Fig. 6


( A ) Axial left temporal bone CT shows focal dehiscence of the jugular plate ( arrow ). ( B ) Coronal left temporal bone CT of the same patient shows superolateral protrusion of the jugular bulb ( asterisk ) through the dehiscent jugular plate ( arrow ).


Jugular Bulb Diverticulum


Jugular bulb diverticulum was once thought to be rare, with only a limited number of reported cases in the English literature. It is now believed, however, that this condition has been significantly underdiagnosed.


A jugular bulb diverticulum is an out-pouching, often but not always, from a high-riding jugular bulb. Some authors suggested that it represented a variant of high-riding jugular bulb that extended into the petrous temporal bone only to be partly hindered by the dense otic capsule, whereas others considered it a true anomaly that enlarged with time. Interestingly, they are more commonly found on the left side, despite the well-known dominance of the right-sided jugular bulbs.


The diverticulum most commonly protrudes superomedially into the petrous temporal bone between the internal acoustic canal and the vestibular aqueduct. It is best demonstrated on high-resolution temporal bone CT as a well-corticated polypoid projection from the jugular bulb margin ( Fig. 7 ). Most are found incidentally, although some individuals may present with sensorineural hearing loss caused by erosion of the internal acoustic canal, or Meniere’s disease–like symptoms secondary to encroachment of the endolymphatic duct within the vestibular aqueduct.




Fig. 7


Coronal right temporal bone CT shows a broad base jugular bulb diverticulum as a well-corticated thumb-like projection extending superiorly from the roof of the jugular bulb ( arrow ).




Jugular bulb variants and anomalies


On entering the jugular foramen, the sigmoid sinus turns laterally and expands into the jugular bulb (see Fig. 3 ). The right jugular bulb is larger than the left in 75% of individuals. There are a number of important jugular bulb variants and anomalies that should be recognized.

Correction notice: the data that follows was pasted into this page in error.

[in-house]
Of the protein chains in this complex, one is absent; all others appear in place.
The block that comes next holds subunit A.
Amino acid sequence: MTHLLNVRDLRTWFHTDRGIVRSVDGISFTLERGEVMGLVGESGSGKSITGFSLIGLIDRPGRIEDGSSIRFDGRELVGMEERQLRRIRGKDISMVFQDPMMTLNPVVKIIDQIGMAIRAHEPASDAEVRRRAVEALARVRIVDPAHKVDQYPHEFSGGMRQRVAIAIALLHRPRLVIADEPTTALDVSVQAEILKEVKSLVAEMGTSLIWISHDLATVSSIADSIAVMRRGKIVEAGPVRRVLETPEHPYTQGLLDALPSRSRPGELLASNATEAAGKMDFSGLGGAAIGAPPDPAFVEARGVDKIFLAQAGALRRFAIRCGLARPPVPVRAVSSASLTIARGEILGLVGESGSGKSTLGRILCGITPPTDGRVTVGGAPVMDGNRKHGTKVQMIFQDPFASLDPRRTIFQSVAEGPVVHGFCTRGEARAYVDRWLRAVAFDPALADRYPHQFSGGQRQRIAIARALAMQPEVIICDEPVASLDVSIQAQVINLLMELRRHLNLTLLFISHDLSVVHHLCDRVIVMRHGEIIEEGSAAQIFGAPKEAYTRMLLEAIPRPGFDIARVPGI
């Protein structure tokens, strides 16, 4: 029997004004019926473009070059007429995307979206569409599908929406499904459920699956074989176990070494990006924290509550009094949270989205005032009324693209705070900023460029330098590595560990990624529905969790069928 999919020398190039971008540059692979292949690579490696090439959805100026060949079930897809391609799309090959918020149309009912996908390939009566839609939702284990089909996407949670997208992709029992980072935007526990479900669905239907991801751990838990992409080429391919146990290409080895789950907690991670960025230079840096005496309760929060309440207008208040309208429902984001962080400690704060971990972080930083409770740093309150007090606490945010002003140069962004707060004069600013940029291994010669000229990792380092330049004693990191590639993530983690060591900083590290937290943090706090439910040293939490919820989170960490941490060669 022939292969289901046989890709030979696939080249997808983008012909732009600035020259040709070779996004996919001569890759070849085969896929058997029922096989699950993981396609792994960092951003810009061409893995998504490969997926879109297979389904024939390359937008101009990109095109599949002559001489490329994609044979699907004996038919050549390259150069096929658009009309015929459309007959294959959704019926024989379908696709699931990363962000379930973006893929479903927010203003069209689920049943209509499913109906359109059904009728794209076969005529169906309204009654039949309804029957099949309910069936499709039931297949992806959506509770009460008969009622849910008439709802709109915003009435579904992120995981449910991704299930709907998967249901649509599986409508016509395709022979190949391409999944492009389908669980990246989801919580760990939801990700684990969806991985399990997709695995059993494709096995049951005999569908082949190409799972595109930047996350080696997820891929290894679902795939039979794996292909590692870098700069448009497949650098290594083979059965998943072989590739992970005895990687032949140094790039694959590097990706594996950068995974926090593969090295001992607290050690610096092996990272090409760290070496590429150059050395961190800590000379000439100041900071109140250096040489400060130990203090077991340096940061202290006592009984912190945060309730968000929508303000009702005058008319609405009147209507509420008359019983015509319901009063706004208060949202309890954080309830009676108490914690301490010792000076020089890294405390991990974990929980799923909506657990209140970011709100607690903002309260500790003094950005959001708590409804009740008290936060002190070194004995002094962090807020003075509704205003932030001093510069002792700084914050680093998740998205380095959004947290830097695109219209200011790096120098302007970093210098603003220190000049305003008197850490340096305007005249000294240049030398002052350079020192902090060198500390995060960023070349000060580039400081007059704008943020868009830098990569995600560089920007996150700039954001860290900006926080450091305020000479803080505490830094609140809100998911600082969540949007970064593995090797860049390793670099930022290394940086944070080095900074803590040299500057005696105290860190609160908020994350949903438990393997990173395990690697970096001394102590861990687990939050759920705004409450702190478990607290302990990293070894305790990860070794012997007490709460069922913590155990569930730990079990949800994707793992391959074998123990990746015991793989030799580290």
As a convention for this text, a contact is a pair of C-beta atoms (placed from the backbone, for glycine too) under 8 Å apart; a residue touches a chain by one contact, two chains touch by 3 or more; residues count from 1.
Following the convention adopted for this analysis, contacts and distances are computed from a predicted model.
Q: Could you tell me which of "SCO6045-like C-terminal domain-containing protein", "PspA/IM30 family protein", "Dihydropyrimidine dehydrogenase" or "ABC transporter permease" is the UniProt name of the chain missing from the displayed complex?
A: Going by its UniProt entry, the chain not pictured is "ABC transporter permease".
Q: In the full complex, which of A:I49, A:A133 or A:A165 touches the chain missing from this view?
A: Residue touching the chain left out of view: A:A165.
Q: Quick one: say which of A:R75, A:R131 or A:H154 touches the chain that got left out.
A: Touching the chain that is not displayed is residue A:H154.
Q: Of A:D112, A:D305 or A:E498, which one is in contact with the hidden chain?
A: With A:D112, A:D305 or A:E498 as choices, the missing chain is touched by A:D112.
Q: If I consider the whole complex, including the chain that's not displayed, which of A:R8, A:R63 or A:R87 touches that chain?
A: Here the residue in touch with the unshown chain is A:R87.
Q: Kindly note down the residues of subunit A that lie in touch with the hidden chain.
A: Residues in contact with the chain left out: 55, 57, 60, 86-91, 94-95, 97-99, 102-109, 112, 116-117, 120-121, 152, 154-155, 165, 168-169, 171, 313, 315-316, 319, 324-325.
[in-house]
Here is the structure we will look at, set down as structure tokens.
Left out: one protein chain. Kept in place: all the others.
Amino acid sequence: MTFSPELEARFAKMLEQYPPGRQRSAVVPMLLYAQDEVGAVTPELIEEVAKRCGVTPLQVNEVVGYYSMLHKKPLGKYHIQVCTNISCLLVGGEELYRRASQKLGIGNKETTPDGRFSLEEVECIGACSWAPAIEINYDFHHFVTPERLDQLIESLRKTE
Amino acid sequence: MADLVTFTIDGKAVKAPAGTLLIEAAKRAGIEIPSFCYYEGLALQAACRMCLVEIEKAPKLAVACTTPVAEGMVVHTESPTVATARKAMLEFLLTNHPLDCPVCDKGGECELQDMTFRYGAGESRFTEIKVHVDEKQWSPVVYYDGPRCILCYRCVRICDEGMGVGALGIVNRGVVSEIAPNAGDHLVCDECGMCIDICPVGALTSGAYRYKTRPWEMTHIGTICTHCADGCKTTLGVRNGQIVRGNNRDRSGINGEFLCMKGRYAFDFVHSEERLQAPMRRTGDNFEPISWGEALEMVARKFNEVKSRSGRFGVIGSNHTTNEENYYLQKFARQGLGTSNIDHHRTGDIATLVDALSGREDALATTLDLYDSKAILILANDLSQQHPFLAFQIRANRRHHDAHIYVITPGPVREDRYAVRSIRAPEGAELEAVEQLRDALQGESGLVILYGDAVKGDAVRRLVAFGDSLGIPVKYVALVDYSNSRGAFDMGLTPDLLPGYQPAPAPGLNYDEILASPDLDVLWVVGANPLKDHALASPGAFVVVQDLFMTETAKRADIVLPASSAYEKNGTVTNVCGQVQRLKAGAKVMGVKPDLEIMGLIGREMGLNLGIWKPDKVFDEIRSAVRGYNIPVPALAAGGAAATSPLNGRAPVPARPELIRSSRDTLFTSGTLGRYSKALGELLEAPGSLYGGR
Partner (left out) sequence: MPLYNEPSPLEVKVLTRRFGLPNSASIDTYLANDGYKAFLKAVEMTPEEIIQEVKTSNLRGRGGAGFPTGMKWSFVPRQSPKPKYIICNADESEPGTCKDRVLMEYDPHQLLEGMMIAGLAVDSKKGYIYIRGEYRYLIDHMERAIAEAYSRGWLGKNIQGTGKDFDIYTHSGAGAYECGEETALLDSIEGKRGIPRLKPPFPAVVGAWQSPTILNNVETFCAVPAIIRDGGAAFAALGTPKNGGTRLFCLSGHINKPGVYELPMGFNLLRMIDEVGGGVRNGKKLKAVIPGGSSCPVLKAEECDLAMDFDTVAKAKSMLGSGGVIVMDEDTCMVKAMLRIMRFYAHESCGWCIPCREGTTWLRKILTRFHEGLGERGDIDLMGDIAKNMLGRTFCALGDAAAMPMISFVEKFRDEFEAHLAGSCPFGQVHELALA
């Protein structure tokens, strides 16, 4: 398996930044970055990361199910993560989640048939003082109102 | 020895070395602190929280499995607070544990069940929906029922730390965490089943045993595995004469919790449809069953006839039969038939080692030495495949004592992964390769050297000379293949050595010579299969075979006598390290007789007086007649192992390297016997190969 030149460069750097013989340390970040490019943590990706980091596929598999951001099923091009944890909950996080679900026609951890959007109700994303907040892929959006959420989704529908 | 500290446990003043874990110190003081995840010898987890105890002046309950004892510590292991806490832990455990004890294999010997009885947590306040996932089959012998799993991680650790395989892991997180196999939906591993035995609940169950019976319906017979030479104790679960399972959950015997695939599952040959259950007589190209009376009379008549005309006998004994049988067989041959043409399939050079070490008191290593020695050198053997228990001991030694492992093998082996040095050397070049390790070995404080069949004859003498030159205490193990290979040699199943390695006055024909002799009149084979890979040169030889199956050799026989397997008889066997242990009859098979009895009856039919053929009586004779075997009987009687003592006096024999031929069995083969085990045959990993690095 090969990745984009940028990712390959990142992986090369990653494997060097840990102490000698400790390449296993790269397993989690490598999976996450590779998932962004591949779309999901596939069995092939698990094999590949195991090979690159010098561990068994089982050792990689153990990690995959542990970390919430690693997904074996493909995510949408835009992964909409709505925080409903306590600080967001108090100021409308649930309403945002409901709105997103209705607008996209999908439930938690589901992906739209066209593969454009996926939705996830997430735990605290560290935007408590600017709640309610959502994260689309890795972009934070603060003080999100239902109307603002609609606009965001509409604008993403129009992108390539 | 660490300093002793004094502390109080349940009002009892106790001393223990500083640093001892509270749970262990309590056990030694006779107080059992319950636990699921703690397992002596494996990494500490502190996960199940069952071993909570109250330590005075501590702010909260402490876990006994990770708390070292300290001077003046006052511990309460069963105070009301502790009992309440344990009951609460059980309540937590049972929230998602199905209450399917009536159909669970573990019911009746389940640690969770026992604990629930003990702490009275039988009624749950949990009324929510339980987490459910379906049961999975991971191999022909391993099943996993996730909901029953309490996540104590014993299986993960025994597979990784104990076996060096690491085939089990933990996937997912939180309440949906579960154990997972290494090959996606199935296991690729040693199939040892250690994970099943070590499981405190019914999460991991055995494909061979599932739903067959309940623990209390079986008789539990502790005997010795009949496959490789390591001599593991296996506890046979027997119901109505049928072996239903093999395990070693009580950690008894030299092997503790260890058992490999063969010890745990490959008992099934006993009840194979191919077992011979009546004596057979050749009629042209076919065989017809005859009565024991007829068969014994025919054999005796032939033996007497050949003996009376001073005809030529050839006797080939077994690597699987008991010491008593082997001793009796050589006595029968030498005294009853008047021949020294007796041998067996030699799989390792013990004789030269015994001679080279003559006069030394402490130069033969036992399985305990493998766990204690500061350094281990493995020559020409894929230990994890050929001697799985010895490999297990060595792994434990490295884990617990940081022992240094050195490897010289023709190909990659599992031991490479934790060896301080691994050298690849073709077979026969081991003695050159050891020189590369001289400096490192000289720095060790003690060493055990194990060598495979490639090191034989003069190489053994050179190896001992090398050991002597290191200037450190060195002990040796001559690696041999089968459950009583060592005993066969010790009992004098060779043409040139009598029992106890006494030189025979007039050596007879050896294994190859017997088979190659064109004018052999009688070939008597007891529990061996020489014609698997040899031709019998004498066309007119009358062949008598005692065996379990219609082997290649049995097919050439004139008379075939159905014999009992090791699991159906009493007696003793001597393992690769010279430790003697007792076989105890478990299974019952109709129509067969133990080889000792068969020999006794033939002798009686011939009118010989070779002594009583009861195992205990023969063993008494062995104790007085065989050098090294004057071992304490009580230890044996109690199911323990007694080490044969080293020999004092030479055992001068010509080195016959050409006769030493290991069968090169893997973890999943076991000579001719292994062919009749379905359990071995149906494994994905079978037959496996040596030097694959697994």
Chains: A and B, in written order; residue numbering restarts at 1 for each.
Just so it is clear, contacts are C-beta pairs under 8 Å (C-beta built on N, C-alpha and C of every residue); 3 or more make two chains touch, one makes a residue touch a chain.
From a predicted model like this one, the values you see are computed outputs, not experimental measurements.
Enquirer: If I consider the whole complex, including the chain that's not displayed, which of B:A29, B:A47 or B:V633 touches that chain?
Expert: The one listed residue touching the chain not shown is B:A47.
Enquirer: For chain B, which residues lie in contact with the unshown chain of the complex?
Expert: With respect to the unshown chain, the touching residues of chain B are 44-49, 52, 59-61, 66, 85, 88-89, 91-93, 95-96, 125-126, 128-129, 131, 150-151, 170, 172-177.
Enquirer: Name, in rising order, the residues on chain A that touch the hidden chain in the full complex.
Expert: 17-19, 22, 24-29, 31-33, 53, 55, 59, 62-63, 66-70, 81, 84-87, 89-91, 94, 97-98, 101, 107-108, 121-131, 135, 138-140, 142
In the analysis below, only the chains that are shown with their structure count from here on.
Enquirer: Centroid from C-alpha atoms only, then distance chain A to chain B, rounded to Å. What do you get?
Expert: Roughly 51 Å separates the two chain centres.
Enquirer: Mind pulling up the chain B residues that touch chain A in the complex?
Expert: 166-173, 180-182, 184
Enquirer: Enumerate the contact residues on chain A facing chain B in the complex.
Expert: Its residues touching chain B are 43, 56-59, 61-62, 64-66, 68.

Jugular Bulb Pseudolesion


MR imaging flow phenomenon is frequently detected in the jugular bulb, simulating an intraluminal thrombus or tumor. It is more commonly seen on the right side when complex flow within an asymmetrically large and often high jugular bulb results in high or intermediate signal intensity, particularly on the T1-weighted images ( Fig. 4 A ). These jugular bulb pseudolesions are indeed the most common jugular foramen “lesions.”




Fig. 4


Jugular foramen pseudolesion. ( A ) Axial T1-weighted MR image shows heterogeneous intermediate signal intensity in an asymmetrically large right jugular bulb ( arrow ), simulating a mass. ( B ) Axial T2-weighted MR image with fat saturation of the same patient reveals normal flow voids in the right jugular foramen.


By definition, jugular bulb pseudolesions are asymptomatic and found incidentally during unrelated MR imaging. When a pseudolesion is suspected, careful scrutiny usually reveals that the flow phenomenon does not hold up on all MR imaging sequences ( Fig. 4 B). A phase-contrast MR venogram is also useful in demonstrating a patent jugular bulb with normal flow, excluding any intraluminal lesion. A high-resolution CT of the temporal bone further fortifies the confidence regarding absence of any pathologic condition by showing an intact jugular spine and cortical margin of the jugular foramen. This potential imaging pitfall should be recognized by radiologists, sparing patients from any unnecessary “interventions.”